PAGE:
Agriculture - Wholesale
Agriculture - Our Retail       Centers
Turf & Ornamental
Cob Products
Contract Manufacturing
Agriculture - Specialty
Agriculture - NPK
Turf & Ornamental
Industrial Cob Products
Lab Bedding
Contract Manufacturing
Close Map

Update from the Field: Not a Good Time to Lose One’s Head

Posted by Dave Dyson, Agronomist on June 04, 2020

The recent wet weather in certain regions has played havoc on corn and soybean seedlings, and the lingering moisture is fueling fungal spores that can cause damage to the wheat crop. As of May 18th, 2020, the wheat crop in northwestern Ohio is at Feekes stage 10.1, Figure 1. Within 10 days the wheat crop should be at full flower, Feekes stage 10.5, Figure 2.  There are a few wheat diseases to be on the lookout for, including strip and leaf rust, septoria leaf spot, and Fusarium head blight.

Figure 1: This picture from Gibsonburg, OH, on 5/18/20 shows the wheat head just emerging, Feekes stage 10.1, and leaf disease starting to develop on the flag leaf.

Figure 2: This picture from Walton, IN, taken on 5/22/18 shows the wheat crop at Feekes stage 10.5 with the flowers open. This would be the correct time for a fungicide application for Fusarium Head Scab.

Early stages of many foliar diseases often present as spotting on the wheat leaf, making identification difficult.e Holding the flag leaf up to a light or sky can be helpful in locating early foliar disease development. It is essential to catch diseases like rust or septoria leaf spot before they destroy the cells on the flag leaf. You can think of every cell on the flag leaf as a solar panel providing energy to a building. If someone starts destroying the individual solar panels with a hammer, the building will start losing power. The same concept applies to a wheat plant. As more cells are destroyed due to a foliar disease, the less energy the plant will receive. The flag leaf constitutes about 75% of the effective leaf area that will feed the head and fill the grain. 

Fusarium head blight, also known as head scab, is caused by the fungus Fusarium graminearium. It infects wheat during the flowering stage and can only be prevented by an application of a fungicide during Feekes stage 10.5. Symptoms of head scab will appear as bleached spikelets on the head later in the season. Infection can lead to small or shriveled grain kernels. Head scab also produces mycotoxins known as deoxynivalenol (DON), which can accumulate in the infected grain. Grain elevators will start issuing a price penalty once the DON levels reach 2ppm, and most will start rejecting wheat after the level reaches 5ppm. Controlling your DON level not only increases yield but may help in selling your crop.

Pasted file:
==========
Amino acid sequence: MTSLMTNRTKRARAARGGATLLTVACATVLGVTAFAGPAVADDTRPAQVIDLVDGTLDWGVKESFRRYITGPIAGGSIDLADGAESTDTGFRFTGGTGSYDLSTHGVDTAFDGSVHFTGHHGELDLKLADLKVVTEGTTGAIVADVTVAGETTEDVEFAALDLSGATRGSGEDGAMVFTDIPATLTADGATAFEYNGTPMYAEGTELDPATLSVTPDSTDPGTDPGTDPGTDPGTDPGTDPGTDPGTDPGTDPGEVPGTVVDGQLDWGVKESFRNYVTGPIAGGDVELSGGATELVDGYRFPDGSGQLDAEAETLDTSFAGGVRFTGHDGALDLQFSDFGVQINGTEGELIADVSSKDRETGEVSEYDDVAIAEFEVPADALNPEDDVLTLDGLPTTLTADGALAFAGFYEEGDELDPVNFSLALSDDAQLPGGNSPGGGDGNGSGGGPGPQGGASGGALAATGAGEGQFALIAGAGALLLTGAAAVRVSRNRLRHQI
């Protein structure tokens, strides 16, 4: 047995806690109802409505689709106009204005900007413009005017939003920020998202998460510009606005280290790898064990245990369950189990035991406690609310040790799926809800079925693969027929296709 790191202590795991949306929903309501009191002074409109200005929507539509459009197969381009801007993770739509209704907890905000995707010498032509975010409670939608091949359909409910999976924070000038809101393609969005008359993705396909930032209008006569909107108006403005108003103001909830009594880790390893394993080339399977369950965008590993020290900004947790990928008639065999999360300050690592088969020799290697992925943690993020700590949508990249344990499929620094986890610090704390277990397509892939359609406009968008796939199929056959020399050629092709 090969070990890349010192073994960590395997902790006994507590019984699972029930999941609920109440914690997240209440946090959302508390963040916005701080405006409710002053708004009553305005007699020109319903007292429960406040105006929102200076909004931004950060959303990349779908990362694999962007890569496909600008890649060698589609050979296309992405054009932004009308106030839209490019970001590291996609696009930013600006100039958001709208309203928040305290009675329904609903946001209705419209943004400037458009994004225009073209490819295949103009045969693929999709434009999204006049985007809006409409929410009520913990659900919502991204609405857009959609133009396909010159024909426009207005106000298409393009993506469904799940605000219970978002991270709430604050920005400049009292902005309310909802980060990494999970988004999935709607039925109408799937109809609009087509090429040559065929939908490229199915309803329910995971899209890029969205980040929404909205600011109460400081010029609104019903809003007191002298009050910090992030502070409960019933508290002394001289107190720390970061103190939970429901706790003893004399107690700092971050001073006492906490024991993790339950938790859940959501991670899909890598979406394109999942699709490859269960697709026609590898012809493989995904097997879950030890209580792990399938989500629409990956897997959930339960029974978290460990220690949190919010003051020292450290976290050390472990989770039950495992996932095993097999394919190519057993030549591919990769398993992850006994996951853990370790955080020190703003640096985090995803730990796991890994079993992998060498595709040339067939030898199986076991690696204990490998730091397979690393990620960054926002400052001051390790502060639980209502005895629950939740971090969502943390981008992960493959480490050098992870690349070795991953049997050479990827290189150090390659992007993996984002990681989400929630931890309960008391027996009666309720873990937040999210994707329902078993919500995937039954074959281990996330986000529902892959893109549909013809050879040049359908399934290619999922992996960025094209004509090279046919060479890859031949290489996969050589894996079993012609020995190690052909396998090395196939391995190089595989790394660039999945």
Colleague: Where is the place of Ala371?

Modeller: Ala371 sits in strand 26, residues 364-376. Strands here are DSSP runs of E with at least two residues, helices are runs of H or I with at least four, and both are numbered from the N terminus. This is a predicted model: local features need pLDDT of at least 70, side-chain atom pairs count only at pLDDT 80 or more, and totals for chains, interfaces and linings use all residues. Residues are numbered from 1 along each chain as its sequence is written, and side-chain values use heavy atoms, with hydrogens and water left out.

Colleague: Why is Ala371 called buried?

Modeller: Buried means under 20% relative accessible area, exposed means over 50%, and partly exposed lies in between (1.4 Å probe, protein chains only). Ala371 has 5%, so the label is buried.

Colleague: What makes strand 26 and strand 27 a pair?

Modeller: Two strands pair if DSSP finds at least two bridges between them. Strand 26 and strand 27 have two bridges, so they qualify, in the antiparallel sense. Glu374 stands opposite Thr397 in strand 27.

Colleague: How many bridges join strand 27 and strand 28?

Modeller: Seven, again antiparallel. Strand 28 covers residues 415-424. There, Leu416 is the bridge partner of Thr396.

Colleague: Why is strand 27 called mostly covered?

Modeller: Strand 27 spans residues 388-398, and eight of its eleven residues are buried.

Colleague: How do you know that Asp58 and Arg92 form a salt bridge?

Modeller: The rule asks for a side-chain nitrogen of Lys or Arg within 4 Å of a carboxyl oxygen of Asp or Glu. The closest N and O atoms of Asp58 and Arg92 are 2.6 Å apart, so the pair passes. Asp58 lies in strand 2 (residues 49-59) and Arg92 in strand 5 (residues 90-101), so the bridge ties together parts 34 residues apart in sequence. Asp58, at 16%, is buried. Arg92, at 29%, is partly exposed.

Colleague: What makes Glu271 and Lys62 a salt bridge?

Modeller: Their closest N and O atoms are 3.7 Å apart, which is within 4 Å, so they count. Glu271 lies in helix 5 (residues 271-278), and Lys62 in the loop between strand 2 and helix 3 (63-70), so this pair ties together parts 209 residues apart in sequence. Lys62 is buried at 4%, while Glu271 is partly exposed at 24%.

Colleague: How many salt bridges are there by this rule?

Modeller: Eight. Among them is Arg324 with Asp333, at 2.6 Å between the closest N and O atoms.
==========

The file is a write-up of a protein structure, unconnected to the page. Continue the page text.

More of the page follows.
There are only a few fungicides that control head scab and other foliar diseases that attack the flag leaf. Caramba® by BASF and Prosaro® by Bayer both boast great results when applied correctly. A new product by Syngenta, Miravis® Ace, has a wider window of application and performs as well as the other two. Once the wheat head is exposed do not apply any fungicide containing strobilurin. Studies have shown this may increase the DON levels in the wheat.

When applying a fungicide to wheat, consider adding Over Pass® CF to the tank mix. Over Pass CF provides essential nutrition as the wheat crop enters the reproductive stages. The application of Over Pass CF will provide the wheat crop with slow-release nitrogen, potassium, sulfur, and boron. 

In conclusion, the wet weather is creating an environment that is ideal for head and foliar diseases in wheat. Fields need to be scouted to protect and increase the yield potential by applying the correct fungicide and foliar fertilizer. To prevent Fusarium head blight in wheat, fungicide must be applied while the flower is open and being pollinated. Adding Over Pass CF to a fungicide application at a rate of 1 gal/ac can increase the yield potential of wheat. The combination of slow-release nitrogen with boron will safely boost seed set and increase test weight, without burning sensitive wheat tissue. 


Please complete the form, and we’ll get you in touch with your Territory Manager from The Andersons. 

David Dyson

Dave Dyson is a regional agronomist for The Andersons’ Farm Centers which are located throughout Ohio, Michigan, and Indiana. He is an Indiana native and grew up on a dairy farm in Miami County. A graduate of Purdue University with a degree in Crop & Soil Science, Dave has a deep knowledge of various agronomic topics and is committed to helping growers improve their crops. If you have any questions, Dave can be reached at

© 2020 The Andersons, Inc. All Rights Reserved. OverPass is a registered trademark of The Andersons, Inc. Caramba is a registered trademark of BASF. Prosaro is a registered trademark of Bayer. Miravis is a registered trademark of Syngenta.

Hey: market_feed - 880